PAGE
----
There is one element of nutrition for runners that deserves a more in-depth look at and that is how to reduce our sugar intake!
A lot of marathoners and half marathoners have the idea that since they run long distances they don’t have to watch what they eat too closely. They believe they will just burn through the debris of bad foods when they go out on their next long run. Perhaps they are not taking their nutrition for runners seriously enough.
Unfortunately the ramifications of bad eating linger and can show themselves in many areas.
Sugar addiction is real. Not only real enough to make you feel lousy and wanting more sugar but even real enough to kill you slowly but surely.
Our bodies have become so accustomed to eating large amounts of sugar and trying to process it all that we don't stop to realize the damage we are doing.
Let's look at some facts:
The American Heart Association says that we should limit our sugar intake to 6-9 teaspoons of added sugars every day. I believe a typical recommendation is to max out at no more than 7 teaspoons of sugar per day.
There are 4 grams of sugar in a teaspoon so the MAXIMUM amount of sugar that we should have per day is 28 grams of sugar (4 x 7 =28).
On average, we Americans are consuming…22 teaspoons of added sugars every day. That is roughly 132 pounds of sugar in the course of the year.
(Compare that to the 1700's when the yearly average was only 4 pounds of sugar!)
But as nutrition for runners go, should we care?
1. Eat an only protein or a high protein breakfast. This will fill you up and reduce your chances of having a mid-morning energy slump that is so common after a high carbohydrate meal.
Some suggestions: plain Greek yogurt, eggs, cottage cheese, or Kodiak pancakes. Nearly every day I will have a scrambled 3 egg veggie omelet and I have found that it is the best way to get my eating for the day off to a strong start!
2. Eat a baked potato 3 hours after dinner is what Dr. DesMaisons of Potatoes not Prozac recommends. Why? It stimulates insulin release and is high in potassium. Unlike most carbs, potatoes insulin response is more stable which means that sugar cravings and mood swings will be reduced. Interesting...
3. Eat protein with your dessert. This will also help to reduce a rapid spike in blood sugar levels and will give a more stable insulin release.
It's easy to do to: have a glass of milk with your brownie, eat a good piece of cheese with some berry trifle, have nuts with chocolate, cookies and milk.
4. Drink lots and lots of water. Water will help to keep you full and satisfied. Drinking lots of water is also a good thing to do after you have over-indulged in sugar as it will help clean it out of your system faster. Also, its just a staple in nutrition for runners!
5. If you are craving a high sugar food eat a piece of fruit to satisfy your sweet tooth. It will take a little while to build up to accepting fruit as a sugar but once you do you will find that you crave those healthy sugars found in fruits, more and more.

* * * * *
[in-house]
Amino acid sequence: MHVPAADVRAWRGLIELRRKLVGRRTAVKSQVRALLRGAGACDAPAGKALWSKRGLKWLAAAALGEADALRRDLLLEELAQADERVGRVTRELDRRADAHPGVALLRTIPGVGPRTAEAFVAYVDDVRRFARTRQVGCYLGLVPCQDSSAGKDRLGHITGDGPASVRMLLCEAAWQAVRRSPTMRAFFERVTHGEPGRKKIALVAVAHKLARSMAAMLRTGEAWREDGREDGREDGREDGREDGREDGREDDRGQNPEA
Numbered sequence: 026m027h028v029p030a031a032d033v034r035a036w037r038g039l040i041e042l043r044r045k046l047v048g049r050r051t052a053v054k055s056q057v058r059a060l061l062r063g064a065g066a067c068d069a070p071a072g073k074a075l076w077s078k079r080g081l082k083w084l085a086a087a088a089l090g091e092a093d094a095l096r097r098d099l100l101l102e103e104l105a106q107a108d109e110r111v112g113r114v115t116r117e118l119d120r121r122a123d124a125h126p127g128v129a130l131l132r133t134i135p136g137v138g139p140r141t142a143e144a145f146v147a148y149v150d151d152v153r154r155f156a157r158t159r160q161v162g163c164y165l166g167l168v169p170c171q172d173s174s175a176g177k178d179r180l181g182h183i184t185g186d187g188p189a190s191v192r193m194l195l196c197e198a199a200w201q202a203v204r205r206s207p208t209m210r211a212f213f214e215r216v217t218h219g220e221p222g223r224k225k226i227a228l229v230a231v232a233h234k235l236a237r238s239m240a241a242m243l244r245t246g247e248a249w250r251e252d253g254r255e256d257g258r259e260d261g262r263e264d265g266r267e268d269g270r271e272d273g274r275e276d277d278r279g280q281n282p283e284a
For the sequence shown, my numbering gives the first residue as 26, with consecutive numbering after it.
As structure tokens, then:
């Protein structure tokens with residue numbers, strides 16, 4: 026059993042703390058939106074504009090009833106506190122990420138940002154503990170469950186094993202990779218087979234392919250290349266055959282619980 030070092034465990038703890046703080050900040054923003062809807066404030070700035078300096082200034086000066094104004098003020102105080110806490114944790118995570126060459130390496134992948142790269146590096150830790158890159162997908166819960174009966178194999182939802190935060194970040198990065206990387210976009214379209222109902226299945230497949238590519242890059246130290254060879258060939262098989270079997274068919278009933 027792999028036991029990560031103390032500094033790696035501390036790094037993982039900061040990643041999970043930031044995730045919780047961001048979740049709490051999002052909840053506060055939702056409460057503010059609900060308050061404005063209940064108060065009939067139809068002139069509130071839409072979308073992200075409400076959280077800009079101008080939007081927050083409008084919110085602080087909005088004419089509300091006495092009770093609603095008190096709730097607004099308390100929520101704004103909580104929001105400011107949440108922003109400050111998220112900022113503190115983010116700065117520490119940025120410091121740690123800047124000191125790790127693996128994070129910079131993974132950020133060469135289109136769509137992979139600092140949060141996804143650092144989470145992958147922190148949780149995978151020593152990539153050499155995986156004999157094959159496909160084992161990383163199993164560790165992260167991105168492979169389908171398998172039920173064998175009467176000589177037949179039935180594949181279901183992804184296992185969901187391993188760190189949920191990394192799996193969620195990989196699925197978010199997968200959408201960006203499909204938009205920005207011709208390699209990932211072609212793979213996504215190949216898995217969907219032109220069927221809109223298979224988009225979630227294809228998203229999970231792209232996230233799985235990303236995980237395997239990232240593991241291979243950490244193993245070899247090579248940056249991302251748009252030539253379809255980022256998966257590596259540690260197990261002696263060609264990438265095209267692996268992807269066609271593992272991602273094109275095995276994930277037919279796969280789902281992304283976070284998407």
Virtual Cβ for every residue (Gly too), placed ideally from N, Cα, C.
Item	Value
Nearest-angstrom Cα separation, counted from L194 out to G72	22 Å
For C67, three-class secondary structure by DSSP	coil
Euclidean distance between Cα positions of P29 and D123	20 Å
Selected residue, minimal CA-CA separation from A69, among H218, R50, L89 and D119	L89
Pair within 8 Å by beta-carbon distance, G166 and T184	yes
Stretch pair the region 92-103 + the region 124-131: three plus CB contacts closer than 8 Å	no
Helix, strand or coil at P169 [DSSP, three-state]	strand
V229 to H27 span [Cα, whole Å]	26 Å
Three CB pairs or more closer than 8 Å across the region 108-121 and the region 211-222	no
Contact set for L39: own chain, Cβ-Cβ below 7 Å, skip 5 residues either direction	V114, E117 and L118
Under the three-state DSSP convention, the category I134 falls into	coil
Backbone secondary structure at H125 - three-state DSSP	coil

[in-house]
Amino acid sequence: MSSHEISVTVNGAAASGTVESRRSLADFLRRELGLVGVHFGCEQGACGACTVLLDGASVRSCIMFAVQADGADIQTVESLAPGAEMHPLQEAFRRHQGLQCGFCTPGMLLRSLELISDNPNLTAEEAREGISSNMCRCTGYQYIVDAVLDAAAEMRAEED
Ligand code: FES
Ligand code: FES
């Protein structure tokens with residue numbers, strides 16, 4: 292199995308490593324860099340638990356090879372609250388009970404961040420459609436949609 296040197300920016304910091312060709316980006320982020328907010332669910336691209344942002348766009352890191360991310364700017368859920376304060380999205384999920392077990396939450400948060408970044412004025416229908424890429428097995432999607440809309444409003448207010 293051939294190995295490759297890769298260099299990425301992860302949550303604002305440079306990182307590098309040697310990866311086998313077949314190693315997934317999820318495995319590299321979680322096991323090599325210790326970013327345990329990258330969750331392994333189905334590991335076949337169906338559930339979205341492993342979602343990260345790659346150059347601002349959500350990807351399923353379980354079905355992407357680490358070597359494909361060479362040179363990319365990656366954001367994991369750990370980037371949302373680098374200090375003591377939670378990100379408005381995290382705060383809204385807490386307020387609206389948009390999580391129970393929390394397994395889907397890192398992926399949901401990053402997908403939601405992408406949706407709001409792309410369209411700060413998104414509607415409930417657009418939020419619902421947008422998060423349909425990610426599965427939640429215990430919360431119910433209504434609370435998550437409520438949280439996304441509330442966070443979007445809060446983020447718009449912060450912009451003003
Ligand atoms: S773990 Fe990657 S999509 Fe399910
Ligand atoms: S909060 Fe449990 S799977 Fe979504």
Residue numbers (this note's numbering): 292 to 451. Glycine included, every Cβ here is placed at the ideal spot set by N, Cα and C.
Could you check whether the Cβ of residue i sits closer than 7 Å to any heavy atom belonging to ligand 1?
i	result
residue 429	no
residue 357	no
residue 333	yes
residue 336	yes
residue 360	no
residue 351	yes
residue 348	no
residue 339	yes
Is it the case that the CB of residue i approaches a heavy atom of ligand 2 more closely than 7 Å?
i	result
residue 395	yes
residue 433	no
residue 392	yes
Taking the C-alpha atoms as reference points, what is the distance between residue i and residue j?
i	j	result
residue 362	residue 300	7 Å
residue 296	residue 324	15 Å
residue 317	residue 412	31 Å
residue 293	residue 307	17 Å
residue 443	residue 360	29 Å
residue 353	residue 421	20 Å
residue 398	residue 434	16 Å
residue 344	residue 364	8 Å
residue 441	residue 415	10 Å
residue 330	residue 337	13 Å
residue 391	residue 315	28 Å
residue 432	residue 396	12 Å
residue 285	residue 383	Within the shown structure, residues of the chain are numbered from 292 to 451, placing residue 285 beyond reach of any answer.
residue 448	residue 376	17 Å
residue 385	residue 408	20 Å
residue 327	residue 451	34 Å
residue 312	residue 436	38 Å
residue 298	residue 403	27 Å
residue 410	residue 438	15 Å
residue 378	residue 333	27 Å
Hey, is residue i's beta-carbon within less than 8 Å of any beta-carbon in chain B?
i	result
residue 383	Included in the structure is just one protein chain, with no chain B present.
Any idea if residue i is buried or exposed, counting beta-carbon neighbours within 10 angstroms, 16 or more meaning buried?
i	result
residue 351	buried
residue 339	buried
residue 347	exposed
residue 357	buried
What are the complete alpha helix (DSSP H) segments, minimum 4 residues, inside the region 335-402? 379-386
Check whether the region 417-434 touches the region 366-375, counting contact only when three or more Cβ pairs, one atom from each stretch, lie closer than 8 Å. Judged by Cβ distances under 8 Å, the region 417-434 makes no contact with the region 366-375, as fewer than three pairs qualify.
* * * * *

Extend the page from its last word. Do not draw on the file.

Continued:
6. Don't drink your sugars. By far some of the foods highest in sugars are drinks such as soda, sports drinks and many juices.
Your maximum sugar allowance for the day can be filled by drinking some of those drinks! (Check this page out to see if your sports drink is "good" fuel for your body and if not what some healthier alternatives are.)
Also, some people will say that fruit juice is fine because it only contains natural sugars.
Yes and no. There is such a high concentration of those natural sugars that you will still have an unhealthy insulin spike. So at least try to dilute it if you don't want to avoid it altogether.
7. Eat a small portion, put the rest away and savor it. Sometimes it is better to indulge a little than to completely go cold turkey and risk a sugar binge session later. If your favorite cake is right there, have a piece and reward yourself a little for your efforts. After you have served yourself though, remove yourself (or the cake) from close proximity, sit down and take small, savoring bites.
Your mind really only wants you to "just taste it" and a small portion can satisfy the urging.
8. Do not rely on sugar-free foods. So you found some sugar free desserts that taste pretty good but...that does not mean that they are a healthier alternative.
A lot of sugar free foods make up the omission of sugar by either lots of fat, sodium, or other harmful chemicals and additives.
These can make you crave sugar even more!
9.Try Stevia! It is a natural zero calorie sweetener that comes from the herb, Stevia. It does not spike blood sugar levels and is 200-300 times sweeter than sugar which means you only need a little bit. This is what I use to sweeten up my coffee!
Some people really do not like the aftertaste. I have never noticed it but my husband does and refuses to eat it. However, it's more than worth substituting with it if you like it!
The first action step I recommend taking: track how many grams of sugar you eat!
Literally, look on the back of all nutrition labels or get on My Fitness Pal and and find out how much sugar is in the food that you eat!
Once you know if + how much sugar you are consuming you can start adjusting. But it starts with awareness! Start today!
The Ultimate Guide to eating and fueling for marathon training and racing success! + get access and develop your own personalized marathon nutrition plan to implement before your marathon with our 9 STEP Prep Plan!